We use dictionaries when we want to be able to quickly access data associated with a key.

A great practical application for dictionaries is memoization. Let's say you want to save computing power, and store the result for a function called with particular arguments. The arguments could be the key, with the result stored as the value. Next time someone calls your function, you can check your dictionary to see if the answer is pre-computed.

Looking for a key in a large dictionary is extremely fast. Unlike lists, we don't have to check every item for a match.


dictionary cheat sheet

type dict
use Use for storing data in key, value pairs. Keys used must be immutable data types.
creation {} or dict() for an empty dict. {1: "one", 2: "two"} for a dict with items.
search methods key in my_dict
search speed Searching for a key in a large dictionary is fast.
common methods my_dict[key] to get the value by key, and throw a KeyError if key is not in the dictionary. Use my_dict.get(key) to fail silently if key is not in my_dict. my_dict.items() for all key, value pairs, my_dict.keys() for all keys, and my_dict.values() for all values.
order preserved? Sort of. As of Python 3.6 a dict is sorted by insertion order. Items can’t be accessed by index, only by key.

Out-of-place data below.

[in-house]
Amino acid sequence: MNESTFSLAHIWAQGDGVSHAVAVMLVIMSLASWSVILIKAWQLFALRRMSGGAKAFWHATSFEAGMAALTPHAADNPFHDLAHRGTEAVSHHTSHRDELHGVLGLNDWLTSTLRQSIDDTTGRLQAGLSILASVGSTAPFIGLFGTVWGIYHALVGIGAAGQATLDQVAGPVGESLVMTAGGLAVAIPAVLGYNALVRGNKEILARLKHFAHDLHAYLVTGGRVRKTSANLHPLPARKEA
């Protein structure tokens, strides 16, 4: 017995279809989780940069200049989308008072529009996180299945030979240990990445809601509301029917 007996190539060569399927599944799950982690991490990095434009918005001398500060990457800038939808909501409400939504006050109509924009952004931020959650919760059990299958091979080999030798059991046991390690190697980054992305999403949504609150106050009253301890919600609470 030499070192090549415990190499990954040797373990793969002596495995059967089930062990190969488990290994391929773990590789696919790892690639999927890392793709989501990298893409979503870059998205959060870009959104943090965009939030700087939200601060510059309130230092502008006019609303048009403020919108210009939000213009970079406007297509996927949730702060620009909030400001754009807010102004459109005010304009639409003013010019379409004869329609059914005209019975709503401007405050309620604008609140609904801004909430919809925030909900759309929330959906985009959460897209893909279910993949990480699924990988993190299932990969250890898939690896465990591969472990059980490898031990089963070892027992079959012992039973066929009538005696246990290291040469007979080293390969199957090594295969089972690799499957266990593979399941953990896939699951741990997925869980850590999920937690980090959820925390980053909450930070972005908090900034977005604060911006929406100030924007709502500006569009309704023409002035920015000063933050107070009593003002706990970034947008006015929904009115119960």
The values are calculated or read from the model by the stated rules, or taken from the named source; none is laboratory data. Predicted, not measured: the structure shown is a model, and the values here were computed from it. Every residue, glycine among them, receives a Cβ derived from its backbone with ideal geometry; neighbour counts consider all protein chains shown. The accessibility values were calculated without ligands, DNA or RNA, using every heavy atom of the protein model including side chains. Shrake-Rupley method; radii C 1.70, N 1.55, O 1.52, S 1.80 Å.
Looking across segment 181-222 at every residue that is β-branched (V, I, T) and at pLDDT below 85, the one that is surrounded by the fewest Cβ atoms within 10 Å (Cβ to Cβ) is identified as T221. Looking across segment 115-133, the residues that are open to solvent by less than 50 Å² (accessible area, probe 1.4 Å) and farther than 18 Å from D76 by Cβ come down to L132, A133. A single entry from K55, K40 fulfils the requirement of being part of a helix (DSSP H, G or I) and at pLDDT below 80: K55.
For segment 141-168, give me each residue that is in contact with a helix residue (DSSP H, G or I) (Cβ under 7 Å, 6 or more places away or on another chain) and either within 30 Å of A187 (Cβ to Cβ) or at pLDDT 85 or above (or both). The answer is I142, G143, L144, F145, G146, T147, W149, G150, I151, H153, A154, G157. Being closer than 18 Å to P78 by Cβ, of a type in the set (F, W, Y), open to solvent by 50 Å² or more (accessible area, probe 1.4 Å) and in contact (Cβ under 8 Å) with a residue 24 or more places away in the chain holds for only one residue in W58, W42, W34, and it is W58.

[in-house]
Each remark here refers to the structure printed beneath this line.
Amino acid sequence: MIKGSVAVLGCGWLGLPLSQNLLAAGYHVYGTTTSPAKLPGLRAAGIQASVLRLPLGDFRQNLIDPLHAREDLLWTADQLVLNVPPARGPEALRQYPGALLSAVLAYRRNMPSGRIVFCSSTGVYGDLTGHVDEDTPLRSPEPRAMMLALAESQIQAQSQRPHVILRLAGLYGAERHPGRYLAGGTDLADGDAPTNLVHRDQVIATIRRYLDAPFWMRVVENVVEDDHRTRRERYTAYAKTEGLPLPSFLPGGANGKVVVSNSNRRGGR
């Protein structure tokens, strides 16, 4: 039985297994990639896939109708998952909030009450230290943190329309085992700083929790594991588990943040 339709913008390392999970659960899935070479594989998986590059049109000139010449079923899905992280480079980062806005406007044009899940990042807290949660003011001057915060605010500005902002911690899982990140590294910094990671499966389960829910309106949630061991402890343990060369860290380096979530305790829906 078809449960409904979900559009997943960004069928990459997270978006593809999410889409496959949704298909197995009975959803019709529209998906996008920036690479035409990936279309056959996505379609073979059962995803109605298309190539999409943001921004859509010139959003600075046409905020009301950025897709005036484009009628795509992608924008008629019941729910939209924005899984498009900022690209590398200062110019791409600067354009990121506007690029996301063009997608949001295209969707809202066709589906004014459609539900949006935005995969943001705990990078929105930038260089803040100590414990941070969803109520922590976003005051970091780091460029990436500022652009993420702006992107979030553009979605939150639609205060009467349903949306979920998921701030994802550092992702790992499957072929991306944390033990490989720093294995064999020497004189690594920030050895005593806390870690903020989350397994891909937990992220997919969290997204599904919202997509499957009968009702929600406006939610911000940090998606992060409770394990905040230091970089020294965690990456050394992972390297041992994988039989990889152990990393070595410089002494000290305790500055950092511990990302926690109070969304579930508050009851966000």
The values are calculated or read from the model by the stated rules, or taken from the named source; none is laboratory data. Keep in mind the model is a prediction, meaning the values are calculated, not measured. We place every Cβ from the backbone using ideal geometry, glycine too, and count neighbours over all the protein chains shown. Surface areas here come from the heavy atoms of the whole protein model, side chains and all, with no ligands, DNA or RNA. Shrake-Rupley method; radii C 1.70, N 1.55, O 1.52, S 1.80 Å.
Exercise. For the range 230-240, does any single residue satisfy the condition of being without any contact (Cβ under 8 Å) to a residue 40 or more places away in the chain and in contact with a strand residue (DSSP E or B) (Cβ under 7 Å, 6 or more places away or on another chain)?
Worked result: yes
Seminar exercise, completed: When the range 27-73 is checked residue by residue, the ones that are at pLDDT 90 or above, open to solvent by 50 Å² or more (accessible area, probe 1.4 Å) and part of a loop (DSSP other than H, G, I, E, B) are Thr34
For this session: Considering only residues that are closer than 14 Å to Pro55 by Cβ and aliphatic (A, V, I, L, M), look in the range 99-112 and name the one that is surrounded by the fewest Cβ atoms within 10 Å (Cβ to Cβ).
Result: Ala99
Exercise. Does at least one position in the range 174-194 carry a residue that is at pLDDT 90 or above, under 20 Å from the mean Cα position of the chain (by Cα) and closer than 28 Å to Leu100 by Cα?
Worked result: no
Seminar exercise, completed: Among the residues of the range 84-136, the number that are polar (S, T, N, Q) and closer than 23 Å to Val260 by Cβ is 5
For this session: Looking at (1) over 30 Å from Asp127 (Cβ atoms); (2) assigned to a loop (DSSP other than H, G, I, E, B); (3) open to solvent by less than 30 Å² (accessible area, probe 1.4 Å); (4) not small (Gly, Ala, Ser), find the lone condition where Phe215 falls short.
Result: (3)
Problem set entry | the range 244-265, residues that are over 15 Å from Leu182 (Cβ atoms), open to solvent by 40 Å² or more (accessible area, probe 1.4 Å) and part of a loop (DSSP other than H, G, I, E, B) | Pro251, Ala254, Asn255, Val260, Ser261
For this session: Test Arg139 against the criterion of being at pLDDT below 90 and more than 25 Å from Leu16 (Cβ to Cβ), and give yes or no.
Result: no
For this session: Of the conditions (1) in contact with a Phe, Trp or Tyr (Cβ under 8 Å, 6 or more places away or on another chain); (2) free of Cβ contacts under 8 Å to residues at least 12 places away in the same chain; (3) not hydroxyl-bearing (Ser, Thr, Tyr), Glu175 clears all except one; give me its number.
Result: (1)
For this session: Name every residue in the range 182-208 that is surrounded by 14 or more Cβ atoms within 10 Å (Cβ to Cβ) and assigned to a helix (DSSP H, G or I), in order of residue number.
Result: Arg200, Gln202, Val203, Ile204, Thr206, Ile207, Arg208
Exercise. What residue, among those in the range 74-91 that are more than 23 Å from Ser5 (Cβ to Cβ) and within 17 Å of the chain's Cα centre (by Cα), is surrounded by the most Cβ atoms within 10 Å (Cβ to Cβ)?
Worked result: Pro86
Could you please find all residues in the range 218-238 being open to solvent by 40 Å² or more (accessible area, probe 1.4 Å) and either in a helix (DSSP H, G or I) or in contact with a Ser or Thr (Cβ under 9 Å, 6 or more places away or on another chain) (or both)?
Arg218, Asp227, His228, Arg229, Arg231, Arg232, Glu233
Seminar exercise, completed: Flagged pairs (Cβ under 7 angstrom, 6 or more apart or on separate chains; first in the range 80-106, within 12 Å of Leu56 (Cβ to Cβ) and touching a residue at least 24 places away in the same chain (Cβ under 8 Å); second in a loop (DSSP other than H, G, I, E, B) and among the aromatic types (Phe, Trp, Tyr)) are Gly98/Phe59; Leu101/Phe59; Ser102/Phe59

mutable? Yes. You can add or remove keys from dicts.
in-place sortable? No. dicts don’t have an index, only keys.

Examples

Empty dicts

We already learned one of the methods of creating an empty dict when we tried (and failed) to create an empty set with {}. The other way is to use the dict() method.

>>> my_dict = {}
>>> type(my_dict)
<class 'dict'>

>>> my_dict = dict()
>>> type(my_dict)
<class 'dict'>

Creating dicts with items

If we want to create dicts with items in them, we need to pass in key and value pairs. A dict is declared with curly braces {}, followed by a key and a value, separated with a colon :. Multiple key and value pairs are separated with commas ,.

We can call familiar methods on our dictionary, like finding out how many key / value pairs it contains with the built-in len(my_dict) method.